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Intermediate Skiers: Common Mistakes & How to Fix Them


Skiing Holidays Val Thorens


Are you gearing up for a Meribel Mottaret skiing holiday? As an intermediate skier, you’ll be approaching the slopes with some new found confidence and gusto in your abilities to ski. It’s definitely an amazing feeling and you should relish in it, but you should still keep in the back of your mind that the intermediate zone is the easiest place to develop bad habits, so don’t be shy about taking some extra ski lessons. As you build upon your skills, it is important to keep an experienced set of eyes on you, to make sure that you’re doing everything correctly. After all, practice makes perfect!


Here are some of the most common mistakes made by intermediate skiers, and how to correct them.


Skiing in the Backseat


This essentially means, that you are leaning too far back as you go down the slope. Basically every skier on the planet is guilty of this error at some point or another, and it’s something that you will have to keep working on throughout your progression as a skier, but the earlier you begin this, the easier it will be in the long run. Learning to put the pressure on the front of your skis will help to control your speed on steeps, maintain your control through drops and jumps and, help you to avoid knee injuries – which are the most common type of skiing related injury. Being in the best physical shape will help to reduce the chances of injuries, do you know how to get fit for skiing?


You can tell if you are skiing in the backseat if:

-          You are finding it difficult to slide your skis through a turn, or you find you are picking up your inside ski to change edges

-          You are experiencing shin-bang in variable conditions (shin-bang can feel a lot similar to shin splints, they result from having too much pressure on your calf from the back of your boots)

-          You frequently fall backwards


The goal of achieving a good, aggressive stance on your skis is one that you’ll be working on and towards for quite some time.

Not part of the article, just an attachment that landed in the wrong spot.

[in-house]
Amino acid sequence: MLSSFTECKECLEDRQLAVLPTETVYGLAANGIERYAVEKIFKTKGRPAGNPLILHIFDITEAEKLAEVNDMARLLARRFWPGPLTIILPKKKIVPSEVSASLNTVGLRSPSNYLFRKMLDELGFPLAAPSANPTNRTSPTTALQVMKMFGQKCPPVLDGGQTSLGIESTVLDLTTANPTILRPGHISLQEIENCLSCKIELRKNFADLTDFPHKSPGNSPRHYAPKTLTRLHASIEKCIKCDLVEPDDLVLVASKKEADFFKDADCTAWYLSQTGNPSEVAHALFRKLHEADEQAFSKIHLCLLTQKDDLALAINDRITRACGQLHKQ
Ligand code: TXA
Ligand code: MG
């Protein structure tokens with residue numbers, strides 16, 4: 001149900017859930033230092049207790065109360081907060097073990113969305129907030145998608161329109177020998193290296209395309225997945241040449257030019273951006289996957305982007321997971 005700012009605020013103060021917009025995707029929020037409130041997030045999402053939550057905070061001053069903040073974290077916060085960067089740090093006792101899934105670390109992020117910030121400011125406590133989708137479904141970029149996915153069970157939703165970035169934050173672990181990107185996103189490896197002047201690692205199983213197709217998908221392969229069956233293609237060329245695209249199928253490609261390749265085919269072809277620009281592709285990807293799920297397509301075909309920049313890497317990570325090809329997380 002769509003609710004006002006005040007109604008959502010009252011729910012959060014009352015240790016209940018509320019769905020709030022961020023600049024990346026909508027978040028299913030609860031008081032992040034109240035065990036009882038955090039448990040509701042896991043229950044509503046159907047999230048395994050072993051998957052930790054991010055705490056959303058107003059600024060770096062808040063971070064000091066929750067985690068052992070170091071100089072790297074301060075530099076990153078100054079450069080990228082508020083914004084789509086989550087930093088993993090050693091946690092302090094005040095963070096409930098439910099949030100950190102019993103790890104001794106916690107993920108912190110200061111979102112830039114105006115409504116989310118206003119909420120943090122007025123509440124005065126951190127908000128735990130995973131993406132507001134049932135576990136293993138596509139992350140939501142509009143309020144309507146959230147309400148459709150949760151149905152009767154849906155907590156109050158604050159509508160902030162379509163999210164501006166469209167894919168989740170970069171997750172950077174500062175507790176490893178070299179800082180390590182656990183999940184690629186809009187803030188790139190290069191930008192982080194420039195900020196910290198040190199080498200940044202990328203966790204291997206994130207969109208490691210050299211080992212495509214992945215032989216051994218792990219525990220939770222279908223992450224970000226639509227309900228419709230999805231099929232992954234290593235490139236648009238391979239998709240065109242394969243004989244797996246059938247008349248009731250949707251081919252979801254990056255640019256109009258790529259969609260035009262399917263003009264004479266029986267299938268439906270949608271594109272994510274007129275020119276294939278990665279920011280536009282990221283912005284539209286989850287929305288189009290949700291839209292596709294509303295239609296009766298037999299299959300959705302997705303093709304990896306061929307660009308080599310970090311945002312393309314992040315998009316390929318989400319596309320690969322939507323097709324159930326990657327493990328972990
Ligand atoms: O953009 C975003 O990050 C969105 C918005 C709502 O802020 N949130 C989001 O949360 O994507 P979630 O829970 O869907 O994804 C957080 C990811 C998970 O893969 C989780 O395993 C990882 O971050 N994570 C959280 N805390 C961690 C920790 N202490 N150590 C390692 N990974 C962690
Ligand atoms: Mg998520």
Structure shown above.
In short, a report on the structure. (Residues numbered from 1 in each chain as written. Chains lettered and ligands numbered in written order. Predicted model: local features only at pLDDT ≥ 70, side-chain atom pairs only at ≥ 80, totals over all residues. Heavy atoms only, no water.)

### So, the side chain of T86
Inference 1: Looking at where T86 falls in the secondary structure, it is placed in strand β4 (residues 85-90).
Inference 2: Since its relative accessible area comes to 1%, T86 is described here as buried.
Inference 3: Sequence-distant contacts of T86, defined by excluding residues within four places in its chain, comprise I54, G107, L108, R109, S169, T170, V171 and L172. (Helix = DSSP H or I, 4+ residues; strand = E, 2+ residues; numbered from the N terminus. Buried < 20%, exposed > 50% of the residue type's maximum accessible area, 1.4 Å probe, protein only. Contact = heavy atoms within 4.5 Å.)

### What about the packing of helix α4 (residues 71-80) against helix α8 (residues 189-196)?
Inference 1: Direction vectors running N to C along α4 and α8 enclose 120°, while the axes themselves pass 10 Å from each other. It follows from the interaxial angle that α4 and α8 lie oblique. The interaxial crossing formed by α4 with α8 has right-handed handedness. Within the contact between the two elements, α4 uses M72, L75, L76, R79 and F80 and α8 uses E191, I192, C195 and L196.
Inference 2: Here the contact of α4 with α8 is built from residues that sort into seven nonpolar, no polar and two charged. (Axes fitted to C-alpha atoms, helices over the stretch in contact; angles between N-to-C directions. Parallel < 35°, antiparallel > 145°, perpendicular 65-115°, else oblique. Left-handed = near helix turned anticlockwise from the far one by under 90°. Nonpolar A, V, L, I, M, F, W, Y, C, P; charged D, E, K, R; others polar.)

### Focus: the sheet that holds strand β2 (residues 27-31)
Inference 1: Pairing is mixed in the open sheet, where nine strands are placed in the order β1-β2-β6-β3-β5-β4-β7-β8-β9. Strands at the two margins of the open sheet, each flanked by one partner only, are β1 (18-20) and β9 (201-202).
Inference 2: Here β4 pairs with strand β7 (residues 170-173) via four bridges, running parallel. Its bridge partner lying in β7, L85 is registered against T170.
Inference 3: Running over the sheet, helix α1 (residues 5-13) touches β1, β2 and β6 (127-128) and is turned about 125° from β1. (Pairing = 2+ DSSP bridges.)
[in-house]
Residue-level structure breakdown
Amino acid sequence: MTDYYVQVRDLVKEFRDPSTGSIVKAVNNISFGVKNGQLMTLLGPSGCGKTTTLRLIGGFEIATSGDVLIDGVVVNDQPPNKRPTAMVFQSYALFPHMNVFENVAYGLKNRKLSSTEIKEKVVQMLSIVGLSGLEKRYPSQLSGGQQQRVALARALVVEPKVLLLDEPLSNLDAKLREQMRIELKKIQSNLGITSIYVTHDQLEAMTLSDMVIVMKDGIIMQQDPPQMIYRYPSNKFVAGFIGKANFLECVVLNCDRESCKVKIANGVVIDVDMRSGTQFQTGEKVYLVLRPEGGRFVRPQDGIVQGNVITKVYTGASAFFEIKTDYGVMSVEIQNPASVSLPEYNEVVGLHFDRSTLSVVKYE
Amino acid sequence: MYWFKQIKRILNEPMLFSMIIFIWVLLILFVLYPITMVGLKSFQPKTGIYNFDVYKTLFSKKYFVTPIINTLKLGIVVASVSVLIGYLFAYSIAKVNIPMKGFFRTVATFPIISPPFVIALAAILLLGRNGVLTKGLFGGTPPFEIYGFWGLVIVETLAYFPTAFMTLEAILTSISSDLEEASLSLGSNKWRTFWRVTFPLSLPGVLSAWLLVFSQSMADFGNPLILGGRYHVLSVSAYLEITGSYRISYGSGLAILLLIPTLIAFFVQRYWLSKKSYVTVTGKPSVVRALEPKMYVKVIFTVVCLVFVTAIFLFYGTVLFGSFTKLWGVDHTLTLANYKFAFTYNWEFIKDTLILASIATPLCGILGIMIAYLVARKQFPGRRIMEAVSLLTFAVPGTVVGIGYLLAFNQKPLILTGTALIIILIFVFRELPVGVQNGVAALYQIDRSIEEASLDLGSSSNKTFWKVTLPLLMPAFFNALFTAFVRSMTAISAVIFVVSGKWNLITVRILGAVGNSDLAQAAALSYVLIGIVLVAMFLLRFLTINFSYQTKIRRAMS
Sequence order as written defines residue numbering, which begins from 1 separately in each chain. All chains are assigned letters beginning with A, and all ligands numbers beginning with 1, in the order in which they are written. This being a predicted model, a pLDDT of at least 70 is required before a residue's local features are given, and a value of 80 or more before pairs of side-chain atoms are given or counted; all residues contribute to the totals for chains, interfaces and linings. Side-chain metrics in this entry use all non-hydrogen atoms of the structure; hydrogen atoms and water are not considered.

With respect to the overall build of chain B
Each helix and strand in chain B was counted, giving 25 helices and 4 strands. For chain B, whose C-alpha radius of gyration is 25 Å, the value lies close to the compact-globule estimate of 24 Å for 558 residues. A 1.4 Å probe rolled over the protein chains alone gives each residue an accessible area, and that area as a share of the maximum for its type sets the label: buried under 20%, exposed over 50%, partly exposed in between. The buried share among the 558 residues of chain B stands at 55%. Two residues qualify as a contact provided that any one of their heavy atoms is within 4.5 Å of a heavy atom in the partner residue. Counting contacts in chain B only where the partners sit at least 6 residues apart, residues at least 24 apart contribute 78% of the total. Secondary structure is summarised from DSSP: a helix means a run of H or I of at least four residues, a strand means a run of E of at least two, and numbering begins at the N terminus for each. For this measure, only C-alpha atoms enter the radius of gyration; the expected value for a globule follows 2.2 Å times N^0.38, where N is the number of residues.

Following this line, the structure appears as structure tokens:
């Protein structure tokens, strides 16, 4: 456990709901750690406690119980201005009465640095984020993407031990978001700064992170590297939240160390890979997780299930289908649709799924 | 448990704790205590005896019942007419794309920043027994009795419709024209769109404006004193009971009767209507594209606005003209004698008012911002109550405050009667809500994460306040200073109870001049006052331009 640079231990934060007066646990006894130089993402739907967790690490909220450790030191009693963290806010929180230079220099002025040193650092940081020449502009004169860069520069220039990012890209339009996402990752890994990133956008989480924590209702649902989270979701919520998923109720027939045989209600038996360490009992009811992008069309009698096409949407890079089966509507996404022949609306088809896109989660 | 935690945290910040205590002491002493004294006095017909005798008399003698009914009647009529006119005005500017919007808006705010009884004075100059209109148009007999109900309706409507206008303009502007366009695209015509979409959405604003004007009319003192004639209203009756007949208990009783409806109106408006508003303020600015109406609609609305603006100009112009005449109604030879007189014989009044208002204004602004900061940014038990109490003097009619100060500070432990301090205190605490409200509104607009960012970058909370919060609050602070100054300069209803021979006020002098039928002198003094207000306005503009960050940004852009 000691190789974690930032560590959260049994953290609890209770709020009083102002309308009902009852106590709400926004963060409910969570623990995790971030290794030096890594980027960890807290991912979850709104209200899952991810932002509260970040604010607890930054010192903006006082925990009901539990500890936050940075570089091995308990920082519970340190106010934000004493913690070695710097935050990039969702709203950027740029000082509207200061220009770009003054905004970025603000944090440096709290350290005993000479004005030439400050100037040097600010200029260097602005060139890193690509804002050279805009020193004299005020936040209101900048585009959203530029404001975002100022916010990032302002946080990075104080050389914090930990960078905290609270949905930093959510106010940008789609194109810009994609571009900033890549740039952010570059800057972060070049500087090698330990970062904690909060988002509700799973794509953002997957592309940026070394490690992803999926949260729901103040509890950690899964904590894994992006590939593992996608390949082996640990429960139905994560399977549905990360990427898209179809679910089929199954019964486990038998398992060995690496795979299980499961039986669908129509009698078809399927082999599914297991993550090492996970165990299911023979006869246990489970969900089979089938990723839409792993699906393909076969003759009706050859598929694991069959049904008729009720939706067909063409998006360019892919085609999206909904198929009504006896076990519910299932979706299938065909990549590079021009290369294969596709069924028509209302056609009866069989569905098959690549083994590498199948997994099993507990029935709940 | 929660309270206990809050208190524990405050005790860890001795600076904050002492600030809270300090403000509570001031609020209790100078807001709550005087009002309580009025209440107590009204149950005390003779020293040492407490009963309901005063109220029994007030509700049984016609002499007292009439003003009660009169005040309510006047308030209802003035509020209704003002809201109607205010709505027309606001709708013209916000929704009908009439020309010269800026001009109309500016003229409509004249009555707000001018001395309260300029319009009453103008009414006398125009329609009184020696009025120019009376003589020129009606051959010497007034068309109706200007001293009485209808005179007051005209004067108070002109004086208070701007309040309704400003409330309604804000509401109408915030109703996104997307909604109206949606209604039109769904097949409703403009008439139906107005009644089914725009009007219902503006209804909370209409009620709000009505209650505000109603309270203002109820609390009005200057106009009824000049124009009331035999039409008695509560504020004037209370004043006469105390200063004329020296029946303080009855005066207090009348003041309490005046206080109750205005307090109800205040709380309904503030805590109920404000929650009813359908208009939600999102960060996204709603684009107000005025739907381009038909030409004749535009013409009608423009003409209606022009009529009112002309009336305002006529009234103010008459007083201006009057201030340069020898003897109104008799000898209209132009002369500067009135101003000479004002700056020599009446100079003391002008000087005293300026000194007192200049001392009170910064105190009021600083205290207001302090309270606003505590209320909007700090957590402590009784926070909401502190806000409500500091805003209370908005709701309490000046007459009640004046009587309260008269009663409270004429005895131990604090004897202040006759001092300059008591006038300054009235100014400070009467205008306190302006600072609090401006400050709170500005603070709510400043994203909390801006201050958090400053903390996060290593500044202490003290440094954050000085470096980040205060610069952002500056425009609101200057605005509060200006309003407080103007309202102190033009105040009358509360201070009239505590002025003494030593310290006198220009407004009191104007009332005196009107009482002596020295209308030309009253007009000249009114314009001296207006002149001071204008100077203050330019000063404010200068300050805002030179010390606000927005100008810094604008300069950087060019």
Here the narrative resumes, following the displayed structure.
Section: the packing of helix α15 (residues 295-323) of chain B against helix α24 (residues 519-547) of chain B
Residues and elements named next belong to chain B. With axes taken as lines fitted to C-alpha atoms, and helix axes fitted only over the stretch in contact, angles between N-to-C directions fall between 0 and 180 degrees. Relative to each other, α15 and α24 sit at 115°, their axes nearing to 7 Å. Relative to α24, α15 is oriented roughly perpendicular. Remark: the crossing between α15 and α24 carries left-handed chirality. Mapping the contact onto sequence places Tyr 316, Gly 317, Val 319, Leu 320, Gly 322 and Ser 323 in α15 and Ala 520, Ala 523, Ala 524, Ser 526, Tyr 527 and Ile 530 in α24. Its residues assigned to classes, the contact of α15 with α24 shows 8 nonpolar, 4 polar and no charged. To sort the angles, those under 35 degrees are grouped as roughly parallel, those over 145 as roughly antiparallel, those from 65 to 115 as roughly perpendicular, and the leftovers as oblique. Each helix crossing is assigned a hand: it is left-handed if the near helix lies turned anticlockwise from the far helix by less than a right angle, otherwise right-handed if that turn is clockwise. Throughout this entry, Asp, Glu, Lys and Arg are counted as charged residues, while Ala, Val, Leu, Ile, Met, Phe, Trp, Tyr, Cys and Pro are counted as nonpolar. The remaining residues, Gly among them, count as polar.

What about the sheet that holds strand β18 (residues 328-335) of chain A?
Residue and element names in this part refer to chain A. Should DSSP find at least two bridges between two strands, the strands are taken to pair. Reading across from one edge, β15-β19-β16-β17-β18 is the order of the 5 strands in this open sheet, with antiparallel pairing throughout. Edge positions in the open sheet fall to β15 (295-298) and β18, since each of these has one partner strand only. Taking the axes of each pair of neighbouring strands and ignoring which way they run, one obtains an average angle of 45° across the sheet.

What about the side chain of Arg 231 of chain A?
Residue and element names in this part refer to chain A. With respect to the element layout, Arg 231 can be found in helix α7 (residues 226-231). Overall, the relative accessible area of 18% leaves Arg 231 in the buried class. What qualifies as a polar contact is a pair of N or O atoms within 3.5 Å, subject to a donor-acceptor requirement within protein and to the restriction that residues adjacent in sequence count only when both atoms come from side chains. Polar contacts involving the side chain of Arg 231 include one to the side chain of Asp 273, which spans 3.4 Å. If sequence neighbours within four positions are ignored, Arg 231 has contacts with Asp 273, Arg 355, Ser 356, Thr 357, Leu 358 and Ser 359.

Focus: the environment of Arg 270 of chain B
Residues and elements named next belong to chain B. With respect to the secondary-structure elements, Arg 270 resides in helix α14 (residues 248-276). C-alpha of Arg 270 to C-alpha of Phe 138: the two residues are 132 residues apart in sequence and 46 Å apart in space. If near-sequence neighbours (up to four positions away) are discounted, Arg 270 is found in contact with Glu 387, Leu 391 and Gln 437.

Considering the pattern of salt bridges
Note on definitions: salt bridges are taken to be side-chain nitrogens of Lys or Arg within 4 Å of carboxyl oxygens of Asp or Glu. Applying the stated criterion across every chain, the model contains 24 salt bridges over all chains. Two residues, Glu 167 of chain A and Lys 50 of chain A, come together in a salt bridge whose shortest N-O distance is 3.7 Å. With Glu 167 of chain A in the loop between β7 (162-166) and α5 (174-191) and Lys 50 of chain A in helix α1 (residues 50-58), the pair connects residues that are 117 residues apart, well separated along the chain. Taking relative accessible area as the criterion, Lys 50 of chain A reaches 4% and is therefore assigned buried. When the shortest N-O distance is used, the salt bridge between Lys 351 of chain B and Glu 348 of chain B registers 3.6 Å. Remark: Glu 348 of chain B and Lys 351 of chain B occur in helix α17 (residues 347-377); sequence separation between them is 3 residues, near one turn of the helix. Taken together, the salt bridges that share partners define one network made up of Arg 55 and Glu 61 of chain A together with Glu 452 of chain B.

Turning Shoulders with Skis


When watching truly experienced skiers navigate a steep pitch, you’ll notice their laser-focused attention downhill. Anyone who is skiing at a high level will keep their upper body almost vertical, with their shoulders perpendicular to the fall-line of the slope, whilst their legs and hips gracefully dance back and forth through the turns.


The skill we are talking about here is called upper body - lower body separation, and it can be the most beneficial skill to improve at the intermediate level. Having the ability to separate your movement at the hips means you’ll be able to keep your legs travelling across and back, arcing tight turns through complicated terrain or just long cruising curves over a wider area. Improving this skills means that you’ll notice significant improvement in your traction and control, whilst retaining your downhill focus.





The most common mistake made by skiers is they regularly attack slopes that are outside of their capabilities. Though we understand the temptation to take your new-found confidence to the expert slopes – most intermediate skiers should be sticking to the intermediate terrain. A major concern here is obviously safety, no one wants to end their season with injuries.


By sticking to more familiar terrain you can practice honing your skills in an environment where you have the chance to experiment. It’s a lot easier to practice your balance and technique on easier terrain! Of course, you want to explore and try new terrain, and this isn’t a bad thing, and you should do it – but it’s all about balance. The majority of your skiing should take place on familiar terrain, but with a few adventures thrown in for good measure.


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